In an opinion that further reinforces the authority of the U.S. International Trade Commission’s (ITC) to conduct Section 337 investigations initiated by non-practicing entities, the U.S. Court of Appeals for the Federal Circuit found that if the asserted patent covers the article that is the subject of the proceeding and the party seeking relief can show substantial investment in exploitation of the patent so as to satisfy the domestic industry requirement, that party is entitled to seek relief under section 337. InterDigital Communications, LLC v. Int’l Trade Comm’n, Case No. 10-1093 (Fed. Cir., Jan. 10, 2013) (Bryson, J.) (Newman, J., dissenting).
In order to maintain a Section 337 action, there must be “an industry in the United States, relating to the articles protected by the patent, copyright, trademark, mask work, or design concerned, exists or is in the process of being established.” The statute further provides that “an industry in the United States shall be considered to exist if there is in the United States, with respect to the articles protected by the patent, copyright, trademark, mask work, or design concerned— . . . (C) substantial investment in its exploitation, including engineering, research and development, or licensing.” The primary issue on appeal in this case was whether a complainant relying on its investments in licensing must also establish the existence of “articles protected by the patent” in order to satisfy the domestic industry requirement.
In the original Federal Circuit opinion, the majority rejected respondent Nokia’s argument there must always be a domestic industry relating to articles protected by the patent, noting that “section 337(a)(3) makes clear that the required United States industry can be based on patent licensing alone.” (see IP Update, Vol. 15, No. 9). The same majority provided further clarification in the second opinion that, while the requirement that investments must be “with respect to articles protected by the patent” is applicable to a domestic industry based on subparagraph (C), that requirement can be satisfied even when the complainant fails to establish that it has products of its own that practice the asserted patent.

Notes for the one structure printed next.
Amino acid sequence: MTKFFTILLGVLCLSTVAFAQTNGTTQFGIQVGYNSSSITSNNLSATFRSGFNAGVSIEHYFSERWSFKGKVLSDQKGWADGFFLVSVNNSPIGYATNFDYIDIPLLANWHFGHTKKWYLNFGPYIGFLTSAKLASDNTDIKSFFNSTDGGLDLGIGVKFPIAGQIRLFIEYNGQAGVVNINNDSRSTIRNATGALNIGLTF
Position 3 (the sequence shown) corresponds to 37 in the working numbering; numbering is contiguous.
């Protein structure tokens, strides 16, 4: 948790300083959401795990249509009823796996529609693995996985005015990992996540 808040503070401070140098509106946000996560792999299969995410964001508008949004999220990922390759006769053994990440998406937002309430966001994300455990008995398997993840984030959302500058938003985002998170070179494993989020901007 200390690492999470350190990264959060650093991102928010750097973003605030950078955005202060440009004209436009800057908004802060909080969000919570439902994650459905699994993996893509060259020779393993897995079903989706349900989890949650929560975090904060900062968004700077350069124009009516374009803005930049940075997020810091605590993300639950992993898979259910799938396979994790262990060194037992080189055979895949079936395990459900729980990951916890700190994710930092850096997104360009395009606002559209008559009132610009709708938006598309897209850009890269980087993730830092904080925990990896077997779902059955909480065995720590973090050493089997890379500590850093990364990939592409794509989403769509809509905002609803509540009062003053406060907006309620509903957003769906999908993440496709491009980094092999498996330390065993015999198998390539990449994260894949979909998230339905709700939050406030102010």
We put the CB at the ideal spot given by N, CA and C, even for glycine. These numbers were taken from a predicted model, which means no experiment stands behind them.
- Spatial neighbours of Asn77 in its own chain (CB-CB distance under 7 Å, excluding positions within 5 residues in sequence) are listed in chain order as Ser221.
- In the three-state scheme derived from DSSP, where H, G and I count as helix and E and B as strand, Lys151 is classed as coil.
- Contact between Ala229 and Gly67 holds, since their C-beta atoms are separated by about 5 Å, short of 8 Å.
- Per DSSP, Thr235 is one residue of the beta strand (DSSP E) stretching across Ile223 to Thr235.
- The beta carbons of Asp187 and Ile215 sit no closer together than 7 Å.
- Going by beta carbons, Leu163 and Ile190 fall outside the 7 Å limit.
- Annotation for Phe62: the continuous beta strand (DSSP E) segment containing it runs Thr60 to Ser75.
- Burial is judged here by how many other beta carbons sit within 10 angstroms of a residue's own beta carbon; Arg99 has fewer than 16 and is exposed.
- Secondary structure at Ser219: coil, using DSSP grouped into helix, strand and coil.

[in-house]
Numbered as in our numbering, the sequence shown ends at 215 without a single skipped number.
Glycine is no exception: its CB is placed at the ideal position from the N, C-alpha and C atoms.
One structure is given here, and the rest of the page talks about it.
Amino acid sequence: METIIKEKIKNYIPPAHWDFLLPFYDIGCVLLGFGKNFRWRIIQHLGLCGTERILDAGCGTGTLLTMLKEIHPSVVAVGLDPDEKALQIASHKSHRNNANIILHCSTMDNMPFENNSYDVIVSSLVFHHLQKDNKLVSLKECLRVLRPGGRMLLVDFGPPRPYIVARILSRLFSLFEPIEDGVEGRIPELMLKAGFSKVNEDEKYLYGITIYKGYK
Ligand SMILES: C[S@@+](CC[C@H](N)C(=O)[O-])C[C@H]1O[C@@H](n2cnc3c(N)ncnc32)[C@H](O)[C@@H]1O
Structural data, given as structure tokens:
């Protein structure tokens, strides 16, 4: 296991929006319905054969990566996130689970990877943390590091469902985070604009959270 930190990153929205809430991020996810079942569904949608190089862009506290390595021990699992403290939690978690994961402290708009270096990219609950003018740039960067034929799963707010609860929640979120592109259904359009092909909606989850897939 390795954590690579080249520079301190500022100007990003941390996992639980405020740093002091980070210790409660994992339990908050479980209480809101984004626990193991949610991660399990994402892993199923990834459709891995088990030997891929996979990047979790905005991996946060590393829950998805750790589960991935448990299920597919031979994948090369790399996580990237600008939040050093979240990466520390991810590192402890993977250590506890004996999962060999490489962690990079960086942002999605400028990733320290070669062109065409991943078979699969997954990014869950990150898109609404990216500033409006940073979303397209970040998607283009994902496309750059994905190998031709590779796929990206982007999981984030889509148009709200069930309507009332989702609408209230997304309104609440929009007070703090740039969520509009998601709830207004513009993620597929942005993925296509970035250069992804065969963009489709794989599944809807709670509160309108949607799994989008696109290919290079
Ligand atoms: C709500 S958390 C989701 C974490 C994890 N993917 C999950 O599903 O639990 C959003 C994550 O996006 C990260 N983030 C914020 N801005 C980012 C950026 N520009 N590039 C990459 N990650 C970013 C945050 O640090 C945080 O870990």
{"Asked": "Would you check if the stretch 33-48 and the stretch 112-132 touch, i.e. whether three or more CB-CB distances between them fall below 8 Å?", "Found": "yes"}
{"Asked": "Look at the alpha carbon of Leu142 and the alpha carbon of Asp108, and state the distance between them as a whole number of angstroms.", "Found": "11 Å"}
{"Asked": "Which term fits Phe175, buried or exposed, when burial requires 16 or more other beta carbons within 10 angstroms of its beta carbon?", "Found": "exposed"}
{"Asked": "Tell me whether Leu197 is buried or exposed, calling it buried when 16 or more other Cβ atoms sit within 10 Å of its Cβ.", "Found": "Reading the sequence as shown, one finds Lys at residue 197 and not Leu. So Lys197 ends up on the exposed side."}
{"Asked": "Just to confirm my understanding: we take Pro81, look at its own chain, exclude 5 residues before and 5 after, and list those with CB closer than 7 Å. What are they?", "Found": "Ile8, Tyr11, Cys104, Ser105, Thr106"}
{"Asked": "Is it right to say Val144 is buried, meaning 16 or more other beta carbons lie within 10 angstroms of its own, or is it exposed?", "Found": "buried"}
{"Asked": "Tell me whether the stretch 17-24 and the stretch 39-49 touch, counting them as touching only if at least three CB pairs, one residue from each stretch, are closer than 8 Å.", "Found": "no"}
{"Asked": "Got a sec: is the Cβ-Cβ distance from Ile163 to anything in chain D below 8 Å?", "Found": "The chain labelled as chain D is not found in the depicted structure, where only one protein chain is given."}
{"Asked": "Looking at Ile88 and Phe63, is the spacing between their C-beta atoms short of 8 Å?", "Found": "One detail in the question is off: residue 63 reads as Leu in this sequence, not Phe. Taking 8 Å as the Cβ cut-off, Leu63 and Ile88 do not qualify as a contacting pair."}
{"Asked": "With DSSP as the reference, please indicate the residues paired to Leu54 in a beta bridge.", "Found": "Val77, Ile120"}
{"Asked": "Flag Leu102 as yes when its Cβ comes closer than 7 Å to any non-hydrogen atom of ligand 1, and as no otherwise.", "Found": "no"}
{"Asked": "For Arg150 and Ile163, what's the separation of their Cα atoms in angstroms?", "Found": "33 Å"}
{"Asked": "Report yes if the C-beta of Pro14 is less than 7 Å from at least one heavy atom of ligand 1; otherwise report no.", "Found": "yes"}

The opinion noted that complainant InterDigital had entered into 24 revenue-producing licenses that included the asserted patents with major manufacturers of wireless devices, including Samsung, LG, Matsushita, Apple and RIM. In view of these licensing investments, the majority found this to be a “classic case for the application of subparagraph (C).” There was no genuine dispute that InterDigital’s level of investments were substantial, and the only question was whether those investments were made with respect to the articles protected by the patent. The Court held that this requirement was satisfied because “the patents in suit protect technology that is, according to InterDigital’s theory of the case, found in products that it has licensed and that it is attempting to exclude.”
The opinion provided an extensive discussion of the legislative history behind the 1998 amendments that added licensing to the domestic industry requirement and, based on this legislative history, concluded that it was not necessary that the party manufacture the product that is protected by the patent, nor was it necessary that any other domestic party manufacture the protected article.
In dissent, Judge Newman argued that the panel majority erred in holding that the domestic industry requirement is met by licensing the importation of foreign-made articles. Under Judge Newman’s view, the statutory phrase “articles protected by the patent” requires proof of domestic manufacture.
Practice Note: Since there appeared to be no dispute that the complainant’s licensees had articles that practiced the patent, thus satisfying the statutory domestic industry requirement, it is an open question as to whether products that are accused of infringement in a Section 337 investigation can by themselves be used to satisfy the requirement of “articles protected by the patent.”